The new constitution introduced a run-off if no candidate is elected outright. It states that “a fresh election shall be held within 30 days following the previous election”.

Article 138(5) directs that in this later election, the candidates “shall be: (a) the candidate, or the candidates, who received the greatest number of votes; and (b) the candidate, or the candidates, who received the second greatest number of votes”.

Article 138(7) provides that the candidate “who receives the most votes in the fresh election shall be declared elected as president”.

  1. How will a dispute be resolved?

The constitution gives an aggrieved party seven days to contest the results of a presidential election in the Supreme Court. The court then has 14 days to “hear and determine the petition” and its decision “shall be final”.

After Kenya’s previous presidential election, candidate Raila Odinga – who is up for election again – disputed the results in the Supreme Court. He contended that “the electoral process was so fundamentally flawed that it precluded the possibility of discerning whether the presidential results declared were lawful.”

The court dismissed Odinga’s petition, saying that the evidence cited did “not disclose any profound irregularity”. The opposition then complained that key evidence was ignored by the court and some respected constitutional lawyers also criticised the judgment.

If the 2017 presidential election is disputed, the deadline for filing a petition will be 22 August and the Supreme Court will have to reach a verdict on or before 5 September.

“If the Supreme Court determines the election of the president-elect to be invalid, a fresh election shall be held within sixty days after the determination,” article 140(3) of the constitution holds.

  1. How many women will participate in the polls?

The Kenyan constitution requires that no gender monopolises any state organ or government body.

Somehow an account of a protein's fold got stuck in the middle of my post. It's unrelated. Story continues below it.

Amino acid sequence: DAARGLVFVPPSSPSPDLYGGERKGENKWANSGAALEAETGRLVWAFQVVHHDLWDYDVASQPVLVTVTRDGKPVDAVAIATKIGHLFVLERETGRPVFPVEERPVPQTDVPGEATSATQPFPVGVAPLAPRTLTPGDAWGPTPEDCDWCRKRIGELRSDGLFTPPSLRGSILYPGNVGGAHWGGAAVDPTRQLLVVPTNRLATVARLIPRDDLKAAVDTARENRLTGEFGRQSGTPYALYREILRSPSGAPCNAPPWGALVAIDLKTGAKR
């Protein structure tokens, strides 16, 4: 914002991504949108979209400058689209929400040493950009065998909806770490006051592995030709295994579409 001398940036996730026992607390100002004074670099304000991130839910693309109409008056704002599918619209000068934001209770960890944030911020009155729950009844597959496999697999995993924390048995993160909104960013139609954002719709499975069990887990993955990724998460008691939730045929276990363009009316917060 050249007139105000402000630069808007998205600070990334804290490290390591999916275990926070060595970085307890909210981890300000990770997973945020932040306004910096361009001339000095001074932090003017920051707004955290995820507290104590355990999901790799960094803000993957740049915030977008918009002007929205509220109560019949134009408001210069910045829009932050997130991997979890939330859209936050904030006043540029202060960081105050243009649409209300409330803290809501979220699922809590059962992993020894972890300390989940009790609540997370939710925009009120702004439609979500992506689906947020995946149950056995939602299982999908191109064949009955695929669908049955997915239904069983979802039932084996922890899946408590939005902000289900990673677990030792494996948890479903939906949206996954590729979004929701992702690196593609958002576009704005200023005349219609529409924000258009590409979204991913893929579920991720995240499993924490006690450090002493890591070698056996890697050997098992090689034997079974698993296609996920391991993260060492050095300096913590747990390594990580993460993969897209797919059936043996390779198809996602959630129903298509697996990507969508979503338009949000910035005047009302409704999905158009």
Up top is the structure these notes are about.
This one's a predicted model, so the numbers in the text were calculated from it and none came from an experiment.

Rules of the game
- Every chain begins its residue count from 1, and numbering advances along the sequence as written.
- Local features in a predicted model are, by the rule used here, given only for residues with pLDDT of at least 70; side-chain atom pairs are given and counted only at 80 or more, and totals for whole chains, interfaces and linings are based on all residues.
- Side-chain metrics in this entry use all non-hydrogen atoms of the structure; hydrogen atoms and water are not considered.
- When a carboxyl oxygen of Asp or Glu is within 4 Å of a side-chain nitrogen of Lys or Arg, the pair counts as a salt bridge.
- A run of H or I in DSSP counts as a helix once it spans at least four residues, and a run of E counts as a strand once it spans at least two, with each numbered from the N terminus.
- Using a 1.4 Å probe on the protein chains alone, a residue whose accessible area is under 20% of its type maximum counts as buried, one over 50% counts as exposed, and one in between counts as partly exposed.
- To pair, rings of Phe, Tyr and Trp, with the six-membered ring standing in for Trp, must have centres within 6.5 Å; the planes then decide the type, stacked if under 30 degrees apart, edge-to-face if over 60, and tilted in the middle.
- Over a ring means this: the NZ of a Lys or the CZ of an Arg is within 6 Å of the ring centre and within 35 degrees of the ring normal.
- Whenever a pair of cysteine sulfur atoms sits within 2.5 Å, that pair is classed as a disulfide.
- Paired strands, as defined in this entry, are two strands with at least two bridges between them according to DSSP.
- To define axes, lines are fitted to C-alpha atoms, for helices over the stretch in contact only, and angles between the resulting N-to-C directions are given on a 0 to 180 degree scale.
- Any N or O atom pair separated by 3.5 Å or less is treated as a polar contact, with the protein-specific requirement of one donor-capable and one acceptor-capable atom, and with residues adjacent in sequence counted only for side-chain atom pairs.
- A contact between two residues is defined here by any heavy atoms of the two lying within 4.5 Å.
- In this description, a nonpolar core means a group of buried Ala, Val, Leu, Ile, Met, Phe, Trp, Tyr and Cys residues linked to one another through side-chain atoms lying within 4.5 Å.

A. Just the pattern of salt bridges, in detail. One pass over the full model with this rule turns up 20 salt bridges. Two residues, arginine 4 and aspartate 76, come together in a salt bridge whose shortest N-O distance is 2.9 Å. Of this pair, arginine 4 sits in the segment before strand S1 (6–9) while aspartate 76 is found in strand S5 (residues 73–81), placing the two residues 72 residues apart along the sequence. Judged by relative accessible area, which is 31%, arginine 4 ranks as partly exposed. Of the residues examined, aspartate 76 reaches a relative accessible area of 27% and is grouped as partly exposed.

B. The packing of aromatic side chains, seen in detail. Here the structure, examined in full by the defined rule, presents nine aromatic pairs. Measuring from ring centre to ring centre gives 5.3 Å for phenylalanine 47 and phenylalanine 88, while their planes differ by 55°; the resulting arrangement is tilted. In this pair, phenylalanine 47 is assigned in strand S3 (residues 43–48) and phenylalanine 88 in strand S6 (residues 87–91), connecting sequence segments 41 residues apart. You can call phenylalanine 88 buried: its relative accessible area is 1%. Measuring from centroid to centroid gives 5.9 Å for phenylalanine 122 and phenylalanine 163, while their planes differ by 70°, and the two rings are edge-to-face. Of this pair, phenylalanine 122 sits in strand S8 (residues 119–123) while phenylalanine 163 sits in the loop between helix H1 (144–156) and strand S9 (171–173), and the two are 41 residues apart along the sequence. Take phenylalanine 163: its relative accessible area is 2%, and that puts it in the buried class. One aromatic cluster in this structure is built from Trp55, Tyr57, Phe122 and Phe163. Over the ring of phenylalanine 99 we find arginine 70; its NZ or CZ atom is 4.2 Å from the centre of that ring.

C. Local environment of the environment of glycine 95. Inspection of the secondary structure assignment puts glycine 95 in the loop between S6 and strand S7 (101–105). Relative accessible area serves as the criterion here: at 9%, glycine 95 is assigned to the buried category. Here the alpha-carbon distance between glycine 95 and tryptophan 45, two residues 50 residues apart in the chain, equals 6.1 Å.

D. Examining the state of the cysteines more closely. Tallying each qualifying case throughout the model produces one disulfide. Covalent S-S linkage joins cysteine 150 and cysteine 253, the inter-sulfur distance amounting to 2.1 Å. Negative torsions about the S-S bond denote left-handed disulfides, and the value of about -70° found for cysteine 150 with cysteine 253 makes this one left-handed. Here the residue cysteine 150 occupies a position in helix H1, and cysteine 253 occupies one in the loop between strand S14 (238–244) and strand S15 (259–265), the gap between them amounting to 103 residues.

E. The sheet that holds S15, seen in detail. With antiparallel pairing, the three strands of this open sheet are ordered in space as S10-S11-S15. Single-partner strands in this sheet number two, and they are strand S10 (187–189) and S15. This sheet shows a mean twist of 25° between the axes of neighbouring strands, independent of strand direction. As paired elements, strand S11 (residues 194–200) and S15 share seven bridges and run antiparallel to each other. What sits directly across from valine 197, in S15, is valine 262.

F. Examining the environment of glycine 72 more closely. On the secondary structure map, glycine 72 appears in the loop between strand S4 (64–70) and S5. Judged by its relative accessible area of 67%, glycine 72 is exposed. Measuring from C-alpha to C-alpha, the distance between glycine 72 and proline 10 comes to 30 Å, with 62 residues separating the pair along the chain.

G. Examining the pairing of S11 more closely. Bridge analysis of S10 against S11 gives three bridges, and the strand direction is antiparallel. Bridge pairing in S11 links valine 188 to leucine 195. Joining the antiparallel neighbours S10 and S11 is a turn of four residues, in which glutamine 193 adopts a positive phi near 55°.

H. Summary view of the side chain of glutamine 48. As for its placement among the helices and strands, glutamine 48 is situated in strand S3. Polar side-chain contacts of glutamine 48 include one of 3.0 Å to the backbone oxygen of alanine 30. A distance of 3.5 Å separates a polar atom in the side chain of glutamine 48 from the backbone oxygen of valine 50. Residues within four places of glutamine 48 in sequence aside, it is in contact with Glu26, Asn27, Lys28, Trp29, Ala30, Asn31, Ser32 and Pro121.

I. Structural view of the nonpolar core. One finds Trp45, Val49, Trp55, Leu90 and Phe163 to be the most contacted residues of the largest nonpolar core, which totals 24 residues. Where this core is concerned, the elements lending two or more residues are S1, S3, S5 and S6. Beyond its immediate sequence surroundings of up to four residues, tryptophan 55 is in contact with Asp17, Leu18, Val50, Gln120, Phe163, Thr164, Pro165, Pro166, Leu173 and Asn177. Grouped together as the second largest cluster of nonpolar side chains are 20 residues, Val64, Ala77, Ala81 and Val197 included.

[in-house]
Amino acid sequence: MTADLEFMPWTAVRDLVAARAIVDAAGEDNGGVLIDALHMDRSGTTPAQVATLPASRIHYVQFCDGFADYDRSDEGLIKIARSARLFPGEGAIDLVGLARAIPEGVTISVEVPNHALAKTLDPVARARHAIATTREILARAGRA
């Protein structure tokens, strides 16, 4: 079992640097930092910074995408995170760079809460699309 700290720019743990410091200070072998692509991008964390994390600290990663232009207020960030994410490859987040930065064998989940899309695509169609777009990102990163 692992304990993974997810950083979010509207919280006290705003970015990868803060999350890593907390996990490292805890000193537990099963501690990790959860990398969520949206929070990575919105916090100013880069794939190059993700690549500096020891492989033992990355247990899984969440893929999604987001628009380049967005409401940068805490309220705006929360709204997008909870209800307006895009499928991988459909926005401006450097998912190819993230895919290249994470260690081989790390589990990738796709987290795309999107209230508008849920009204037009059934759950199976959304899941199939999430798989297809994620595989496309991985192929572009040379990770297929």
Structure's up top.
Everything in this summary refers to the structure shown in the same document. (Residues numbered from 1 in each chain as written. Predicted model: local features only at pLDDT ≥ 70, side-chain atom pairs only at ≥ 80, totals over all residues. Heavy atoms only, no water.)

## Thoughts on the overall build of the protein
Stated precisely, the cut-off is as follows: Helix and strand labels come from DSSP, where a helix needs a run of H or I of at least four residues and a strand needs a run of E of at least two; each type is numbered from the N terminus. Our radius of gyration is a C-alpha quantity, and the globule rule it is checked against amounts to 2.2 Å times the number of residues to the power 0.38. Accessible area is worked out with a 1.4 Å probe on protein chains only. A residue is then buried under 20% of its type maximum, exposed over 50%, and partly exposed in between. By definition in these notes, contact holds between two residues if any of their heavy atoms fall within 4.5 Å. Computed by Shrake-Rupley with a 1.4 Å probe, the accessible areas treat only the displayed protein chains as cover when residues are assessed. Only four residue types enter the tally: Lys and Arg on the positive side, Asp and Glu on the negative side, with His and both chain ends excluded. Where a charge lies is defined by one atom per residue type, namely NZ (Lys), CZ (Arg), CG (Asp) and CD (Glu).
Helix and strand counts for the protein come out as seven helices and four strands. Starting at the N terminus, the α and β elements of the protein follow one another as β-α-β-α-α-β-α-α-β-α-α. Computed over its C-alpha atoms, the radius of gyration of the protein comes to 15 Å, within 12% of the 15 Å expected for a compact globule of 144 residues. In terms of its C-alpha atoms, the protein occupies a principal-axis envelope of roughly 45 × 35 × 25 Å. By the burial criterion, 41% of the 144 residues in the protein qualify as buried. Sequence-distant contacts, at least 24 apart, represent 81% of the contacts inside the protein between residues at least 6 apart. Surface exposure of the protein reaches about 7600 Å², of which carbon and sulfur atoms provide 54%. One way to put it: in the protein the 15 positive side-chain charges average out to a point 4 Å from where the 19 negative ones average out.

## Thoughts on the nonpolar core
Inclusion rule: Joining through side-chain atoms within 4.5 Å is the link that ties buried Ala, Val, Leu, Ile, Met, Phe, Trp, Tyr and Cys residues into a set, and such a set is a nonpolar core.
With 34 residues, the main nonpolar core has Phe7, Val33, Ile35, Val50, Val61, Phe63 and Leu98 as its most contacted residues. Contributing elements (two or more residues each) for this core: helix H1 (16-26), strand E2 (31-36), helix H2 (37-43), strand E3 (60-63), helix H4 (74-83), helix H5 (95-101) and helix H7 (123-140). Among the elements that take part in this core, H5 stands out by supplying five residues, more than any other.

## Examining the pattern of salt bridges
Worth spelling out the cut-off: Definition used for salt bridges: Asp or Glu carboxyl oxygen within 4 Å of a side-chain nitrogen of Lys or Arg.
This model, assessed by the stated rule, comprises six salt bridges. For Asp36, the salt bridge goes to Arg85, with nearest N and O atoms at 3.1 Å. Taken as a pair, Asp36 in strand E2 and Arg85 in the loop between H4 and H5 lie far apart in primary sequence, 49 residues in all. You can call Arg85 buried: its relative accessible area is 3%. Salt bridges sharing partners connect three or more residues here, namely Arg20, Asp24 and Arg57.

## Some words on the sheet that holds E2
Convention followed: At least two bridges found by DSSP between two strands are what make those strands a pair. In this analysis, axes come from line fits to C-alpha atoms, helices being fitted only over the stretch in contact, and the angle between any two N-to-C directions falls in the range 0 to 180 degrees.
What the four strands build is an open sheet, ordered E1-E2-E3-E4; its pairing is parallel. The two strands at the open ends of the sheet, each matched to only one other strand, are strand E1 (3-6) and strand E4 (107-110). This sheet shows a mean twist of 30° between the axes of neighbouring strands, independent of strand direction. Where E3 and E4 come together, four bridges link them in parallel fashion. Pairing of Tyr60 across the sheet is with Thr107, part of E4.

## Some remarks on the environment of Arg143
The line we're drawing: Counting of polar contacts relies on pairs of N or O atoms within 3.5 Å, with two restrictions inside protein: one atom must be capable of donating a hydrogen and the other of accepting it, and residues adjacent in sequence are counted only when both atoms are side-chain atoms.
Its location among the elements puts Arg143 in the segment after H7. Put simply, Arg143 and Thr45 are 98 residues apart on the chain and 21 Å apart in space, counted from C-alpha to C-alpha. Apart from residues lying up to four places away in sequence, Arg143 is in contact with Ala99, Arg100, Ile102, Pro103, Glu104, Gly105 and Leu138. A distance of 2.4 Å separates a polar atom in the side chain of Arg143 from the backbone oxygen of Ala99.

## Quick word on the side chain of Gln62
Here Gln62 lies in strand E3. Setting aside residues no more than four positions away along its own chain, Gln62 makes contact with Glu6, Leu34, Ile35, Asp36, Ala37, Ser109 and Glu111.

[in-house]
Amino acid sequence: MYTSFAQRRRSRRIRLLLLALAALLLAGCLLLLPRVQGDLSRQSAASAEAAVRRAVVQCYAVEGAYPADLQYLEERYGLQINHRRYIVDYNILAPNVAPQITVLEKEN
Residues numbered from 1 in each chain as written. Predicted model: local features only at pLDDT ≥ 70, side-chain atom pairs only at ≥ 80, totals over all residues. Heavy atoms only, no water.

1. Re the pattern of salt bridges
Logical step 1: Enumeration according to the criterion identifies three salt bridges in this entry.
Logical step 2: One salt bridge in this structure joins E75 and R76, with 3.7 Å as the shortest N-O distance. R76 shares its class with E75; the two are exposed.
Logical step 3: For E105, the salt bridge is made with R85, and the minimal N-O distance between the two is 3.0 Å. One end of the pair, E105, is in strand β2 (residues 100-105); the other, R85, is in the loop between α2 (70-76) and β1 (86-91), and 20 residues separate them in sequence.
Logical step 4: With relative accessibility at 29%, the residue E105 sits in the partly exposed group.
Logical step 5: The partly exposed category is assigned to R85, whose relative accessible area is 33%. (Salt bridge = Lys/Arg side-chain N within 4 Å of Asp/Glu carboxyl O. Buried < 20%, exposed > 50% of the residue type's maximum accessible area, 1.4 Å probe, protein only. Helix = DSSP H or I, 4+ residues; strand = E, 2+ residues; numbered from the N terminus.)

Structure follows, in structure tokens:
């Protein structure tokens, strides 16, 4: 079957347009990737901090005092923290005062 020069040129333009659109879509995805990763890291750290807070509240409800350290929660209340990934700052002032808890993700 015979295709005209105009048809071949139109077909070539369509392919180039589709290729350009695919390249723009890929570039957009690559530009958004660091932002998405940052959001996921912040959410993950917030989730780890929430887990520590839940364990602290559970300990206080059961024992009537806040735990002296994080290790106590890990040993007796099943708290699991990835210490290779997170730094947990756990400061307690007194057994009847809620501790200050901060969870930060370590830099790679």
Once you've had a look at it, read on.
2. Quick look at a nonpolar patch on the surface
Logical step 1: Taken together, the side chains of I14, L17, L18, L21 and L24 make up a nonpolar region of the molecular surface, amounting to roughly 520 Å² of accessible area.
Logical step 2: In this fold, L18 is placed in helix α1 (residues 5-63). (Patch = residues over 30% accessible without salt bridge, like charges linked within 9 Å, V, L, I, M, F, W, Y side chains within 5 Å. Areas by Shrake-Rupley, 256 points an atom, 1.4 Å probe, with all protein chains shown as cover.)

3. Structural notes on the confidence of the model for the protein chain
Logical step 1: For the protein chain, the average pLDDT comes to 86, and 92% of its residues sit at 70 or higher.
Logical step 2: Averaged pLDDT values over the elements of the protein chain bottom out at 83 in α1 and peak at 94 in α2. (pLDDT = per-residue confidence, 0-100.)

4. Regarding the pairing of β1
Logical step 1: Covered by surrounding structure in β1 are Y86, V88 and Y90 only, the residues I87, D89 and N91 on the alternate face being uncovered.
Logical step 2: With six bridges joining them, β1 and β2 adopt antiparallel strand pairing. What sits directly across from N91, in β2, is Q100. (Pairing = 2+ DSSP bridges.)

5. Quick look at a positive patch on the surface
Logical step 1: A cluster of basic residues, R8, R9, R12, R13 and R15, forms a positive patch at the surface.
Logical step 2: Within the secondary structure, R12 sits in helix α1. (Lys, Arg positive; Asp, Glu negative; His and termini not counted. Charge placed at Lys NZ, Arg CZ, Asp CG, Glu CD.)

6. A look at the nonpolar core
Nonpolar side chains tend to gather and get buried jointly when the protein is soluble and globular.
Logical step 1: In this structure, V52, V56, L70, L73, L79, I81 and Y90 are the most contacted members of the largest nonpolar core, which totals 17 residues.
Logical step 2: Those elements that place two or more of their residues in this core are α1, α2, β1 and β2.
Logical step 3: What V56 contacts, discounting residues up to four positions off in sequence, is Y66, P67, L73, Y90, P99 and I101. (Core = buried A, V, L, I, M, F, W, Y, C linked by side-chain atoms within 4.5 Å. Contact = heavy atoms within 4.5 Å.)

“…the state shall take legislative and other measures to implement the principle that not more than two-thirds of the members of elective or appointive bodies shall be of the same gender,” article 27(8) of the Constitution reads.

“The numbers are not promising,” the Federation of Kenya Lawyers’ Josephine Mong’are told Africa Check.

Only one woman is on the presidential ballot – Mutua Miriam Muthika, running-mate to Prof Michael Wainaina, an independent candidate.

Nine women are vying for a governor’s seat: Jacinta Mwatela (Taita Taveta county), Charity Ngilu (Kitui county), Winnie Kaburu (Meru county), Wavinya Ndeti (Machakos county), Anne Waiguru and Martha Karua (Kirinyaga county), Joyce Laboso (Bomet county), Mable Muruli (Kakamega county) and Christine Atieno (Kisumu county).

The data also shows 131 women are angling for the 290 constituency parliamentary seats in the national assembly (6.9% of all candidates for these seats), 21 to be senator (8.2% of senatorial candidates), 299 for the county woman representative position and 900 to be a member of a county assembly (7.5% of the candidates).

Article 177(b) of the constitution allows county assemblies to add more members to “ensure that no more than two-thirds of the membership of the assembly are of the same gender”.

But there is no similar law yet for the national assembly, even after the judiciary ordered the last parliament to enact such a law. The eleventh parliament took its final recess before complying with the judicial order.

 

Additional reading